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New Items for Your Search and Information Retrieval Reading List

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Here are a couple of items that might make for good additions to your
search and IR reading lists.

+ From the Stanford Database Group
Leveraging Context to Resolve Identity in Photo Albums

Since tagging images is a popular topic these days, I thought this new paper was worthy of your attention. You've heard of PageRank but now you can read about PeopleRank.

From the abstract:

Our system suggests likely identity labels for photographs in a personal photo collection. Instead of using face recognition techniques, the system leverages automatically-available context, like the time and location where the photos were taken. Based on time and location, the system automatically computes event and location groupings of photos. As the user annotates some of the identities of people in their collection, patterns of re-occurrence and co-occurrence of different people in different locations and events emerge. The system uses these patterns to generate label suggestions for identities that were not yet annotated. These suggestions can greatly accelerate the process of manual annotation.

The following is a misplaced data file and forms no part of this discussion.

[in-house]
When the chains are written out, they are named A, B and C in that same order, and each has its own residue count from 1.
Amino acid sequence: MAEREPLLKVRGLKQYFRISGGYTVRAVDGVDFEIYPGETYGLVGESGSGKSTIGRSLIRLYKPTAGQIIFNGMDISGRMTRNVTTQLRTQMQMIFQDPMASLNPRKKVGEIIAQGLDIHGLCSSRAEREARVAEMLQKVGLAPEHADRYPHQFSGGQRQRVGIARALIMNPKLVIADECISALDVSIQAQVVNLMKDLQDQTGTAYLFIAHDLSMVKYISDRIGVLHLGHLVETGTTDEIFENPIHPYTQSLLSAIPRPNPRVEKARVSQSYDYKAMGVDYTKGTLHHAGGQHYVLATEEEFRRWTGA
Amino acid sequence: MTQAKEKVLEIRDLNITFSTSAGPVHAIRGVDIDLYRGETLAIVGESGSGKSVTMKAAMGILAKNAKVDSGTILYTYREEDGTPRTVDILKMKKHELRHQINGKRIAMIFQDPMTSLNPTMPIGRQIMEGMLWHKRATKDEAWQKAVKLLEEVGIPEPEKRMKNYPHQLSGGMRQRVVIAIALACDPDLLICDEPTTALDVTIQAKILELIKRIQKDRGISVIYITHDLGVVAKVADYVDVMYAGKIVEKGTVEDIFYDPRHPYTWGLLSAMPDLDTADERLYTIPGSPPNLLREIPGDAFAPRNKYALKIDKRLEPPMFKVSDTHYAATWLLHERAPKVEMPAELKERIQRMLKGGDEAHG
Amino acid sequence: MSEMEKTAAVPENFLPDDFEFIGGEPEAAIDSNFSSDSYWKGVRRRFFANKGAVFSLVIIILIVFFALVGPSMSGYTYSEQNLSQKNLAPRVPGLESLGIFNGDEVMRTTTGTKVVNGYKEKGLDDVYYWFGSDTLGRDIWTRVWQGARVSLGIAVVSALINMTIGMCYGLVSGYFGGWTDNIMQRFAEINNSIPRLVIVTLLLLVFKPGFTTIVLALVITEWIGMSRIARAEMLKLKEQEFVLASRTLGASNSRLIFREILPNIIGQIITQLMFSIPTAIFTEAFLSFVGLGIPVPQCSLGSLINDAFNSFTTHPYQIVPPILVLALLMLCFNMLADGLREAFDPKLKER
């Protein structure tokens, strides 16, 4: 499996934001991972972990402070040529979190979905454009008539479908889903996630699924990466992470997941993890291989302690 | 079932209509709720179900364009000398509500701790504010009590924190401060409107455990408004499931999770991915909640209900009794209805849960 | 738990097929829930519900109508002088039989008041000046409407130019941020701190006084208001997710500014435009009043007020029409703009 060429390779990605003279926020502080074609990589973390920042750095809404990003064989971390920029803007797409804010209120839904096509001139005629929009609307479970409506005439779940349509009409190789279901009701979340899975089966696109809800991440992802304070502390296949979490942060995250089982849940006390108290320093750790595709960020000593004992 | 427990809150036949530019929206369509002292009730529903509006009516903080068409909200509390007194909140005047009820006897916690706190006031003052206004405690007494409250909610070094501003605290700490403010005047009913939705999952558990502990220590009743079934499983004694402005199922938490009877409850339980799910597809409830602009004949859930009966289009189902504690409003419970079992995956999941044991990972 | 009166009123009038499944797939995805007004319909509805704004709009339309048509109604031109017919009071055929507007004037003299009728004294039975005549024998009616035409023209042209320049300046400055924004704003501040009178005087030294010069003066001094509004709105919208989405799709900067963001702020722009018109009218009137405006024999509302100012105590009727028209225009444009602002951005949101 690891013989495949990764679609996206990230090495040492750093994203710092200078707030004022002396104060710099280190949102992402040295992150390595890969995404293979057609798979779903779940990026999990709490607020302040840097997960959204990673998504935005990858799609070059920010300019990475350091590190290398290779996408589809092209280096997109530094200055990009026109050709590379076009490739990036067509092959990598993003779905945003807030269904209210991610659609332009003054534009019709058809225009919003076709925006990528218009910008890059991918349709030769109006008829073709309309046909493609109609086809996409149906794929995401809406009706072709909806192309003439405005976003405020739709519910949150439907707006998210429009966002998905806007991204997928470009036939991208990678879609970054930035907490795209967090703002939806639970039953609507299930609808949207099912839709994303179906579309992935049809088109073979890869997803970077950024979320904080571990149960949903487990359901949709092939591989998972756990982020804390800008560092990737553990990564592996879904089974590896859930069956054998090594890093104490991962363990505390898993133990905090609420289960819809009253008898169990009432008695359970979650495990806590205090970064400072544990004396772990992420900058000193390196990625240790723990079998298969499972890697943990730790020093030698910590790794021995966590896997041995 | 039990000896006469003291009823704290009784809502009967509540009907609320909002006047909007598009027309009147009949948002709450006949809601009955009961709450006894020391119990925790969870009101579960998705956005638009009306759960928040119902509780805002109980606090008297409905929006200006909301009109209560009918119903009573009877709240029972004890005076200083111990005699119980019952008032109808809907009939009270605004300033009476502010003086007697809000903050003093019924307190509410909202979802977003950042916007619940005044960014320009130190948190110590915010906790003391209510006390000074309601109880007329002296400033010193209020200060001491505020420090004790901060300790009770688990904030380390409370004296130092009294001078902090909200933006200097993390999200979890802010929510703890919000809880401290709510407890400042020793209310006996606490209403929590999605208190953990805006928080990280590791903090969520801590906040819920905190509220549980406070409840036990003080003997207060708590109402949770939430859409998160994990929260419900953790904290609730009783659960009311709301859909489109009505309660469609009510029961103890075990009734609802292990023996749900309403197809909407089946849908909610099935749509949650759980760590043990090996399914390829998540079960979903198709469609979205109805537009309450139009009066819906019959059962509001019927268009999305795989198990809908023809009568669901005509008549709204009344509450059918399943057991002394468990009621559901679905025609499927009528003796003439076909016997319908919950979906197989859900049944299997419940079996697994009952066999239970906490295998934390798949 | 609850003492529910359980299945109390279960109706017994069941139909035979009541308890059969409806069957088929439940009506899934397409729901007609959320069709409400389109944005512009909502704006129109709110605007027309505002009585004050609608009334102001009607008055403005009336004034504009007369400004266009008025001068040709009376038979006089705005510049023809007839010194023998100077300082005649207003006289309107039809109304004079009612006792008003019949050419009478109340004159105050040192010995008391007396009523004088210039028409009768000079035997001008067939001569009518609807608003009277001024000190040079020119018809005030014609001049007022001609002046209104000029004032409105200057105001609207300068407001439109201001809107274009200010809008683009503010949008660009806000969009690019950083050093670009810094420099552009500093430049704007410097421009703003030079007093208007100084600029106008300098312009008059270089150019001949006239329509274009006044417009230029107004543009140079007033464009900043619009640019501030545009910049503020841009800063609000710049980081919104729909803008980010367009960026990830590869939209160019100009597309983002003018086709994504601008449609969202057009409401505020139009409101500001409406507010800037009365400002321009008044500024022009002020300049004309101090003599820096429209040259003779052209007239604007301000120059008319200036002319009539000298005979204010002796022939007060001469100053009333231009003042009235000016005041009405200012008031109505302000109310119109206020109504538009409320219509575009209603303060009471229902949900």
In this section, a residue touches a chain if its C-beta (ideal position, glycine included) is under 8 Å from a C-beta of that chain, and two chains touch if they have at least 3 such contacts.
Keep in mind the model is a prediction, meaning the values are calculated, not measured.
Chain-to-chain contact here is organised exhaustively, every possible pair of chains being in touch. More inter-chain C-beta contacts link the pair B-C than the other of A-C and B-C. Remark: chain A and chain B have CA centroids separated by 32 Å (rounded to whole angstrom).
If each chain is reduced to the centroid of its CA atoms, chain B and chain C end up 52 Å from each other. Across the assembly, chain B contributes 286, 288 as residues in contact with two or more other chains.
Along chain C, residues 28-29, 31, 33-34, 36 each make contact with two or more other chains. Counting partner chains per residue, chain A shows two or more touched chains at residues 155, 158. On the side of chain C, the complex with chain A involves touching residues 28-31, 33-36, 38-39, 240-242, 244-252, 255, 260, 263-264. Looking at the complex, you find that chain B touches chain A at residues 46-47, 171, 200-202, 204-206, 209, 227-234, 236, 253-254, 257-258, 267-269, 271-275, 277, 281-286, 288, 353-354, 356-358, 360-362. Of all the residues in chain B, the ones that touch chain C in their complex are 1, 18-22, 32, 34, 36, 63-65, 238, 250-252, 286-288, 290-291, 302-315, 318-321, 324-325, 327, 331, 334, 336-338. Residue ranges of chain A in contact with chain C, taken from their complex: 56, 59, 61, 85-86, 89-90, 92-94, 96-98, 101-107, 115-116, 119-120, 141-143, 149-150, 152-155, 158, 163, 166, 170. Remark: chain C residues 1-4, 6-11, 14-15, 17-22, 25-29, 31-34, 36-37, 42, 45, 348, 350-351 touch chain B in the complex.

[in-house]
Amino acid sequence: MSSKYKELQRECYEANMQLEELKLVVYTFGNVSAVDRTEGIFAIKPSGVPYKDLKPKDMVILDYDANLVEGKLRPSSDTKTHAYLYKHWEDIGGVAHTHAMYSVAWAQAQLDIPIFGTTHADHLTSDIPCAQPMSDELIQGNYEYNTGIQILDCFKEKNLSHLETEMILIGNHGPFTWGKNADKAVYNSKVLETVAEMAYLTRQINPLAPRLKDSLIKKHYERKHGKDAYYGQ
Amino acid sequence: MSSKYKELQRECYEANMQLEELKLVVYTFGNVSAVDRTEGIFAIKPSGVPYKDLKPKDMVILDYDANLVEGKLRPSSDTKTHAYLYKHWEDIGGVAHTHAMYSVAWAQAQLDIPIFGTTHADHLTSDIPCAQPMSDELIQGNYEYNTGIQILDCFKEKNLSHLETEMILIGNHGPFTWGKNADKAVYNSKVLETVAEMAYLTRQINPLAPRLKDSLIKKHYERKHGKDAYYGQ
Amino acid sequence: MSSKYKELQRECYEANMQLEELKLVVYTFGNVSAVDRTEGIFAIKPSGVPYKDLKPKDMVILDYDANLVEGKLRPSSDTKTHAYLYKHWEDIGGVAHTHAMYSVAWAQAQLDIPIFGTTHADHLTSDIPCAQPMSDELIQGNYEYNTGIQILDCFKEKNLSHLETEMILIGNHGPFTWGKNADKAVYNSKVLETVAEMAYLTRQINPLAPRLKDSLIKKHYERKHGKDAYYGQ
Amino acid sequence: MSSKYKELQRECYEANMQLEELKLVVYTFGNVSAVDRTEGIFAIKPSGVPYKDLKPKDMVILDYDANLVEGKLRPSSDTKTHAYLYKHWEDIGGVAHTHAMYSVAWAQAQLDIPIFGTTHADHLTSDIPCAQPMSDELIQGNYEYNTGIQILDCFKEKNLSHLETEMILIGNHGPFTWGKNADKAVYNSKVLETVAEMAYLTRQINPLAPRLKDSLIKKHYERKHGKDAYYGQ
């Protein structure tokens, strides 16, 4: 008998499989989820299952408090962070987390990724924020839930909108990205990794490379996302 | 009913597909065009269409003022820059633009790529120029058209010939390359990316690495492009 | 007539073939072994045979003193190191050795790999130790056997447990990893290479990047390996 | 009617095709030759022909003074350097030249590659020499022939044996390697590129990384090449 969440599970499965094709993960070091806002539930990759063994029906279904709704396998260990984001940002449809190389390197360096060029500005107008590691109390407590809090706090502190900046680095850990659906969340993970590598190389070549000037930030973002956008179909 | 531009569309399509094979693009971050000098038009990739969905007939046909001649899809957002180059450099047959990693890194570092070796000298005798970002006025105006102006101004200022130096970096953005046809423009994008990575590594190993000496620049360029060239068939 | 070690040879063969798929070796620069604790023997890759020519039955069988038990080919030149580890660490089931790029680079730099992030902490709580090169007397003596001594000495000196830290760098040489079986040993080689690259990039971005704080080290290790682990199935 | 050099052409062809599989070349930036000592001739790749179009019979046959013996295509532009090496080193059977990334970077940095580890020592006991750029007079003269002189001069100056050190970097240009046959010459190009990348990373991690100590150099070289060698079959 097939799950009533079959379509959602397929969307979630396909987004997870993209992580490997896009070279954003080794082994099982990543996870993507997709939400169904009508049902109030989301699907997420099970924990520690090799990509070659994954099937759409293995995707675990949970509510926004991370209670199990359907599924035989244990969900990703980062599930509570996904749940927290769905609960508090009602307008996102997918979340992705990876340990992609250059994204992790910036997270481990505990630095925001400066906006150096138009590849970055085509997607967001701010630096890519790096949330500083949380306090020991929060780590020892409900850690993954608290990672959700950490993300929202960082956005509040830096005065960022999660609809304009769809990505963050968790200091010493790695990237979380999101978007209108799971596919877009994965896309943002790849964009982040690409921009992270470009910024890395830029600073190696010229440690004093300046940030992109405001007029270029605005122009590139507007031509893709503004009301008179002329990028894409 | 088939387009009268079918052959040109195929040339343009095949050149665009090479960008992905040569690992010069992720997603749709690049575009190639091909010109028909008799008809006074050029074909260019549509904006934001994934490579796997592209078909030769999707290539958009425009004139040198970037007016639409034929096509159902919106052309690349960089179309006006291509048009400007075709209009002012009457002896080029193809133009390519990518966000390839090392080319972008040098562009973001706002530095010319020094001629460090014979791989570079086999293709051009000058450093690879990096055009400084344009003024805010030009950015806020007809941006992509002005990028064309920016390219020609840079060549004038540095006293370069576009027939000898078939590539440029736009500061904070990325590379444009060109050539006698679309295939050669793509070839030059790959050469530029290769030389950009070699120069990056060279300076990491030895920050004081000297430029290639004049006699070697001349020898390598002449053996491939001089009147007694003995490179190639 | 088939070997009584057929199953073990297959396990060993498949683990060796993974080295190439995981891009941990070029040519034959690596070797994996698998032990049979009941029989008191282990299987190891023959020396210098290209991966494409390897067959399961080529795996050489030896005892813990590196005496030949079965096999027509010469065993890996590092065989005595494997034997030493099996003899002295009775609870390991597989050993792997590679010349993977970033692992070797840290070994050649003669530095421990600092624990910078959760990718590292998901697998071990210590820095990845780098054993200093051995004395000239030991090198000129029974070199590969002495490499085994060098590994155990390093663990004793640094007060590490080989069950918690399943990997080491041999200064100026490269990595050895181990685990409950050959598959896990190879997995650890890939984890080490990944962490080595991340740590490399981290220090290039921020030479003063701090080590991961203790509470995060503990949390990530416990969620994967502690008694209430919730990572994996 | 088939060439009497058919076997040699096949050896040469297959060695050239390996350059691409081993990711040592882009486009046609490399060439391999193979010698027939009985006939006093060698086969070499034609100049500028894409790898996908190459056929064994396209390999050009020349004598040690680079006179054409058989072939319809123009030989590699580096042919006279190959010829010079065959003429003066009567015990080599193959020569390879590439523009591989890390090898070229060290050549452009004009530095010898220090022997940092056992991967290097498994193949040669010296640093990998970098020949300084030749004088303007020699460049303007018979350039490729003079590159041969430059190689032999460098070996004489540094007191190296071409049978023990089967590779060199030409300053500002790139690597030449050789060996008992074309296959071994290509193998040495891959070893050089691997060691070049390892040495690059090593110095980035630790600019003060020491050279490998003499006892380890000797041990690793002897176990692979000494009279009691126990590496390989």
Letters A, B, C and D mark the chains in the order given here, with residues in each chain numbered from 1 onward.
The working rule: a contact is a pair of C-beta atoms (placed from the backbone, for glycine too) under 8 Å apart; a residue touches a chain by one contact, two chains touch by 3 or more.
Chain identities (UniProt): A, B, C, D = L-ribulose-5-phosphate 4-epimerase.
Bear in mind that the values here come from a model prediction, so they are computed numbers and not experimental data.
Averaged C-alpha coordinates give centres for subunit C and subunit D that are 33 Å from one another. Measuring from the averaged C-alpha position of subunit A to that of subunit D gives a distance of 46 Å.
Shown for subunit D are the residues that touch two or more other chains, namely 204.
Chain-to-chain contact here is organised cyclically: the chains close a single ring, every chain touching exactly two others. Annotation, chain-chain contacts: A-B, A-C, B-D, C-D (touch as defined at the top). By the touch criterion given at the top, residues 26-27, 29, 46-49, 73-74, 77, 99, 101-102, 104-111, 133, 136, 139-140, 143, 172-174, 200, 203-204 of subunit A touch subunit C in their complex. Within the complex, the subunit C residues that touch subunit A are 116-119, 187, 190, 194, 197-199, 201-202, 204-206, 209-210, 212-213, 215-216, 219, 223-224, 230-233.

+ Web searching made more successful with automated, personalized assistance system
This news release presents highlights of a paper by Dr. Jim Jansen at Penn State University. The paper is currently available online (abstract free, full text fee-based) and will be available in print this summer.

A Penn State researcher has developed software that improves Web searching with a personalized system that offers automated assistance for structuring and refining queries, evaluating search results and finding more relevant information.

"Research shows 50 percent of all Web results retrieved are not relevant, pointing to a need for improved searching techniques," said Jim Jansen, assistant professor of information sciences and technology. "This technology enabled a 20-percent performance increase." Other approaches to personalizing searches rely upon "explicit feedback" where the system interrupts searchers as they hunt for information. Research has shown that only 1 percent to 2 percent of users are likely to use such systems because of the extra effort involved, Jansen said.

We blogged about other research by Dr. Jansen last October.


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